Last week, Alexian Brothers Bonaventure House residents and staff welcomed a group of students from DePaul University. The students came to Bonaventure House as a part of a class titled ‘Diverse Faces of AIDS’. The class aims to provide a holistic view of the AIDS epidemic. This includes learning the epidemiology, history of the disease in the United States, visiting and learning about the various HIV/AIDS service providers in the Chicago area, and meeting individuals affected by HIV/AIDS. The purpose of the class is to allow the students the opportunity to “experience the human face of AIDS”. The class covers every dimension of AIDS from policy and advocacy to how AIDS affects a person physically, socially, spiritually, legally and psychologically.
The students came to Bonaventure House to learn about the history of the Alexian Brothers AIDS Ministry, what services are offered and who receives the services. David Dempsey, Director of Clinical Services, led the students through the history and mission of Alexian Brothers AIDS Ministry. One of his most potent comments was that even though HIV is now seen as a manageable medical condition, it by no means signals that society can stop focusing on preventing the spread of infection. Classes such as ‘Diverse Faces of AIDS’ are a sign of continued interest and renewal of efforts towards prevention. The act of increasing awareness, something the DePaul class does admirably, is prevention itself. One cannot help to think the more people see the human experience behind HIV/AIDS, the more efforts will go into prevention and helping those affected, as well as help erase the stigma surrounding HIV/AIDS.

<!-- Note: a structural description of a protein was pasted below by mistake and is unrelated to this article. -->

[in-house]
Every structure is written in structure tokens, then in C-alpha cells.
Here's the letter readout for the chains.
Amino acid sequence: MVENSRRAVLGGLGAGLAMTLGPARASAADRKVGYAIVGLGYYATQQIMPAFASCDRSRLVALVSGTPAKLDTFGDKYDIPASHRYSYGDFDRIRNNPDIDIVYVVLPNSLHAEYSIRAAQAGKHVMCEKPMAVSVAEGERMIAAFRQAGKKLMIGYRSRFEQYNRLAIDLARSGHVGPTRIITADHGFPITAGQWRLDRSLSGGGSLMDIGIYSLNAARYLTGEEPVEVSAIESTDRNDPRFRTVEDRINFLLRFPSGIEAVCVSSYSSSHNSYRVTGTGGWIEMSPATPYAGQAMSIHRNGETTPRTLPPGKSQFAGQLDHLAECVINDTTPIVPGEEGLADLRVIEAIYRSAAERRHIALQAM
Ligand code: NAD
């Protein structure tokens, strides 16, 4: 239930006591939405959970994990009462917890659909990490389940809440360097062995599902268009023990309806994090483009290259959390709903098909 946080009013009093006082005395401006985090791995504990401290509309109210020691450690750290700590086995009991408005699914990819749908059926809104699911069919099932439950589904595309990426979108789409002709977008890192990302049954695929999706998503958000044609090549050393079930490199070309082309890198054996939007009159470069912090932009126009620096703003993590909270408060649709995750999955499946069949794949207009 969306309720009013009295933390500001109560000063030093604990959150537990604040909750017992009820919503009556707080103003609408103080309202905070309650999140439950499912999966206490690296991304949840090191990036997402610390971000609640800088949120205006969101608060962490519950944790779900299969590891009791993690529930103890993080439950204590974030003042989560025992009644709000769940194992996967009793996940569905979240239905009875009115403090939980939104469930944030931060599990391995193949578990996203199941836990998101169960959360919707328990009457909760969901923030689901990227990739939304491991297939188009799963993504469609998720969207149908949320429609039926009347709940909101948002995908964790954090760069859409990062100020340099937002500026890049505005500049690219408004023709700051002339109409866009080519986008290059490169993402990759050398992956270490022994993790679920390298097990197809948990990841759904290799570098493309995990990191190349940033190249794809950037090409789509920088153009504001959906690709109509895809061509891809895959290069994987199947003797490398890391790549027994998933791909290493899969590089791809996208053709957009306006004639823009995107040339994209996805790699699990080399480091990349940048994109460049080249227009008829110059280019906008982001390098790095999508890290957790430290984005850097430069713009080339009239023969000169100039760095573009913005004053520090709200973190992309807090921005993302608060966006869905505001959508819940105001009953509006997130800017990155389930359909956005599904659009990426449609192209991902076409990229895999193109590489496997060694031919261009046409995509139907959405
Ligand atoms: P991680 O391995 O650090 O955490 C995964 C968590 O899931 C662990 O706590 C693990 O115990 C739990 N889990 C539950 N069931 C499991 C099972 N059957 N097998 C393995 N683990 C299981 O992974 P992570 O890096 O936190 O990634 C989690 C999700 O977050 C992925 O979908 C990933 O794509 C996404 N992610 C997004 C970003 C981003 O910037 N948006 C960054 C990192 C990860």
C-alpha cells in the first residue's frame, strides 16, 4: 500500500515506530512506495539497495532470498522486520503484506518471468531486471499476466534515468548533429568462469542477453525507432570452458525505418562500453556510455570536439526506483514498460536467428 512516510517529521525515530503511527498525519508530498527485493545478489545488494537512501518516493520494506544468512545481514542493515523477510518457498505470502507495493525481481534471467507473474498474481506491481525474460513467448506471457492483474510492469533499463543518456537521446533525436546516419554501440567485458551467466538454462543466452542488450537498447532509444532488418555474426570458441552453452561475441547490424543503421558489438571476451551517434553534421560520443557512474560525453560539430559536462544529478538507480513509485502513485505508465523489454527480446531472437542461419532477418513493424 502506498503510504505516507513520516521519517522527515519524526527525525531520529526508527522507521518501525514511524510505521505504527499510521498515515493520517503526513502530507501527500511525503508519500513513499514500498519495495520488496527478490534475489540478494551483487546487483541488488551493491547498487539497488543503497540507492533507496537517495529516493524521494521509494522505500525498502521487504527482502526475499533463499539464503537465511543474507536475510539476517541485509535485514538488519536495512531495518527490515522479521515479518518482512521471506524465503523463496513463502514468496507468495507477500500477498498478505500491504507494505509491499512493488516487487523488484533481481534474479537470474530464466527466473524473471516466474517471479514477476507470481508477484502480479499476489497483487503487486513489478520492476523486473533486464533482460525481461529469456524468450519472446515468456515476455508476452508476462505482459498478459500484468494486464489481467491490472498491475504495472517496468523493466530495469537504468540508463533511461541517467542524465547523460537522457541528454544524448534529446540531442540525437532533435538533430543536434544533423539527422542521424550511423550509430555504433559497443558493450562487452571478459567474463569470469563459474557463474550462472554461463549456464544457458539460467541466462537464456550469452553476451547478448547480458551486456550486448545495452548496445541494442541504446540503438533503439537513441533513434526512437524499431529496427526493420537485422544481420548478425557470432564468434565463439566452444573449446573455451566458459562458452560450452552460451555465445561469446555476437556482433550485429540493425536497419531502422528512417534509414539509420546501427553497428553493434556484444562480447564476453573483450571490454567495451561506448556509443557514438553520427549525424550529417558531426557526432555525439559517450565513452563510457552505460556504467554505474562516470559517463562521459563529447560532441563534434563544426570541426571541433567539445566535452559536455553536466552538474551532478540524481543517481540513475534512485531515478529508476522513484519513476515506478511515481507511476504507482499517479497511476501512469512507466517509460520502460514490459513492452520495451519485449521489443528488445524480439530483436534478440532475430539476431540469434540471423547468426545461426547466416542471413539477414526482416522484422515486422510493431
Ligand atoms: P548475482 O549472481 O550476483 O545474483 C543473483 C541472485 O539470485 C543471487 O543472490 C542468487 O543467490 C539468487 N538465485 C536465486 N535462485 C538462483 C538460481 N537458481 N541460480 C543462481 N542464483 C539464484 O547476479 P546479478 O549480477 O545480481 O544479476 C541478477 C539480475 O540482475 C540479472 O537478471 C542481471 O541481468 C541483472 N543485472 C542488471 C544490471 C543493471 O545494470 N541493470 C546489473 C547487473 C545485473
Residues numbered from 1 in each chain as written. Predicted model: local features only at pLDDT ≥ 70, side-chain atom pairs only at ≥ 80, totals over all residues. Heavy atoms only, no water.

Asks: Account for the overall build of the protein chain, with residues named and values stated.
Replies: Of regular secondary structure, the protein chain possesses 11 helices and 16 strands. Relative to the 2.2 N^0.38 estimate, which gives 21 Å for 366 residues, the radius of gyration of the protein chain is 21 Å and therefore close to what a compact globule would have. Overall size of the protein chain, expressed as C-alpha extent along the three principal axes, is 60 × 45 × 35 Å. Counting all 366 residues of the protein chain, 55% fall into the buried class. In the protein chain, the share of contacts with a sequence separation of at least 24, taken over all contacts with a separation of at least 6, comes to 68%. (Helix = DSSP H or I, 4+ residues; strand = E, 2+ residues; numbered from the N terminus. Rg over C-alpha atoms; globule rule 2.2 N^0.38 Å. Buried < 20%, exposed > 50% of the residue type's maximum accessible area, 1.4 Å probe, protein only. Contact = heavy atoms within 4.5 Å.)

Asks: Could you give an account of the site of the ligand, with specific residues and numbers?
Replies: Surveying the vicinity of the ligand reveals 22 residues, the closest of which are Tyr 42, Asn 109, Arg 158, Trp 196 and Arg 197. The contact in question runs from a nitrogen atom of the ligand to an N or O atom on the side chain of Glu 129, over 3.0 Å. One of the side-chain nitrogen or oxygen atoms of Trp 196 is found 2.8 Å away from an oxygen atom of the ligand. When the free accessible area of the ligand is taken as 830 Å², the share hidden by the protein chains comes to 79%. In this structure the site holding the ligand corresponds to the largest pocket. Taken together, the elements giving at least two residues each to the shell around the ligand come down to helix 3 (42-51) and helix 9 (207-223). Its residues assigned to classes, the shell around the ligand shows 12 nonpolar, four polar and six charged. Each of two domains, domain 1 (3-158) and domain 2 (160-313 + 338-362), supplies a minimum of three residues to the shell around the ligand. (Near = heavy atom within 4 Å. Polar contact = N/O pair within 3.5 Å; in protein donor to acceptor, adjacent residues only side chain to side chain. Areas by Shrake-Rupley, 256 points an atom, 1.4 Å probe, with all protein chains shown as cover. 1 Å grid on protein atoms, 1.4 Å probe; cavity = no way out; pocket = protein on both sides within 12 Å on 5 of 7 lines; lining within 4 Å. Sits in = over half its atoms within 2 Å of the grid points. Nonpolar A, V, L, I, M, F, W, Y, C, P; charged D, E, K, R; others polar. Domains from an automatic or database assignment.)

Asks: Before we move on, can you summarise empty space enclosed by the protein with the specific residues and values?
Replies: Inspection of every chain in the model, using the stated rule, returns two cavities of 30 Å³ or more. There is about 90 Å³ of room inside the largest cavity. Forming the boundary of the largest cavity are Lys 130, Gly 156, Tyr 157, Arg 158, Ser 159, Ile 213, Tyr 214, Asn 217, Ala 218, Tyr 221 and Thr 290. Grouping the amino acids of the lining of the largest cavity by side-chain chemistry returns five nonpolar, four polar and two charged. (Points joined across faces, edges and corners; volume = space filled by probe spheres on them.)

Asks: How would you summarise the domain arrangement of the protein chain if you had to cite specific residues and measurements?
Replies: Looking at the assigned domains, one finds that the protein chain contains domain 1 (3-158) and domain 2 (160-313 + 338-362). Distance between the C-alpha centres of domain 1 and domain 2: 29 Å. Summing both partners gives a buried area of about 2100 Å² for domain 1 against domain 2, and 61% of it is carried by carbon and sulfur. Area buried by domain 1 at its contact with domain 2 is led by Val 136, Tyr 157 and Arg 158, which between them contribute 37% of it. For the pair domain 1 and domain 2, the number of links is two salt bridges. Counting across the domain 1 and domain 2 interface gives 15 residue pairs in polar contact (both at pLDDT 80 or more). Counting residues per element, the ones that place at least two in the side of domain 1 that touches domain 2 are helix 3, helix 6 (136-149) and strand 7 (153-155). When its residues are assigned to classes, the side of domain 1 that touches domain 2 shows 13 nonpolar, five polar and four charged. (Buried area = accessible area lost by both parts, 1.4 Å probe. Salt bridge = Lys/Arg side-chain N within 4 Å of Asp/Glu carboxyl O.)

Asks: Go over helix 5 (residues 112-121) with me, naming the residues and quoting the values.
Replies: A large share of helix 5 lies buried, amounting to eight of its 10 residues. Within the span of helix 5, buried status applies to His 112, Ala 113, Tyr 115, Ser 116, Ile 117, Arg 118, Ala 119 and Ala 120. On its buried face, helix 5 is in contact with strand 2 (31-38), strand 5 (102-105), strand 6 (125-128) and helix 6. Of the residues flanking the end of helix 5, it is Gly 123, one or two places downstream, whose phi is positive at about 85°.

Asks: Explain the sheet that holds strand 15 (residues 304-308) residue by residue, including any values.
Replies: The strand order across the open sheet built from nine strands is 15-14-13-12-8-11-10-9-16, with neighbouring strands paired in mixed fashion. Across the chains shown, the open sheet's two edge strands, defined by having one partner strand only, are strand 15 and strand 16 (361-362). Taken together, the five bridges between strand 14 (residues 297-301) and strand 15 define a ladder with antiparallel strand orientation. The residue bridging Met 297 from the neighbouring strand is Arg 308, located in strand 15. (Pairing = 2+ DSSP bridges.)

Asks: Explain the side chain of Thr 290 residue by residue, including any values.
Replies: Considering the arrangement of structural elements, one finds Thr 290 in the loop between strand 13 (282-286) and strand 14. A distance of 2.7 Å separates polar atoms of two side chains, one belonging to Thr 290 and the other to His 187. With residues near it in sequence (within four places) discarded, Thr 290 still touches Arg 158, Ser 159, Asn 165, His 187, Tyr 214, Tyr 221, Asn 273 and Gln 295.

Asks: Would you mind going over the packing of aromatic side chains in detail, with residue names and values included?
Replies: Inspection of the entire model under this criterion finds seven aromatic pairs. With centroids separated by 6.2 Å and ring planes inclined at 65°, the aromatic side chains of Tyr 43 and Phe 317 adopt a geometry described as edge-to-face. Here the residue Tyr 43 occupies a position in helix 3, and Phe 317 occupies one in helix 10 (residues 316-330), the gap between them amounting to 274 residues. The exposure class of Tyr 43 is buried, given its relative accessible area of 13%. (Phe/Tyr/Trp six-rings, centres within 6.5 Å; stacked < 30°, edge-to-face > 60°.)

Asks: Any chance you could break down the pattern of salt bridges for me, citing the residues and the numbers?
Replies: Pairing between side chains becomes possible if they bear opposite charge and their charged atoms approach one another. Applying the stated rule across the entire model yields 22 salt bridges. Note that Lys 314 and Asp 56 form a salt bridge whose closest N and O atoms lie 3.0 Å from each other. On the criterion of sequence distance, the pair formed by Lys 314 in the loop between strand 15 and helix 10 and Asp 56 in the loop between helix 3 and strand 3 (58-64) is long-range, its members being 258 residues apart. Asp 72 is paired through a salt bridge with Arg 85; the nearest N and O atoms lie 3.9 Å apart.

After learning about Alexian Brothers AIDS Ministry, the students were given the opportunity to speak with five Bonaventure House residents. The residents were able to tell their stories. The students learned about the residents’ lives, the circumstances that brought them to Bonaventure House, and what effect Bonaventure House has had on their lives. Opportunities such as this, to put a human face and experience on HIV/AIDS, and to allow a dialogue about how HIV/AIDS affects people on an individual level, can go a long way to break down barriers.
You can find more information about ‘Diverse Faces of AIDS’ here.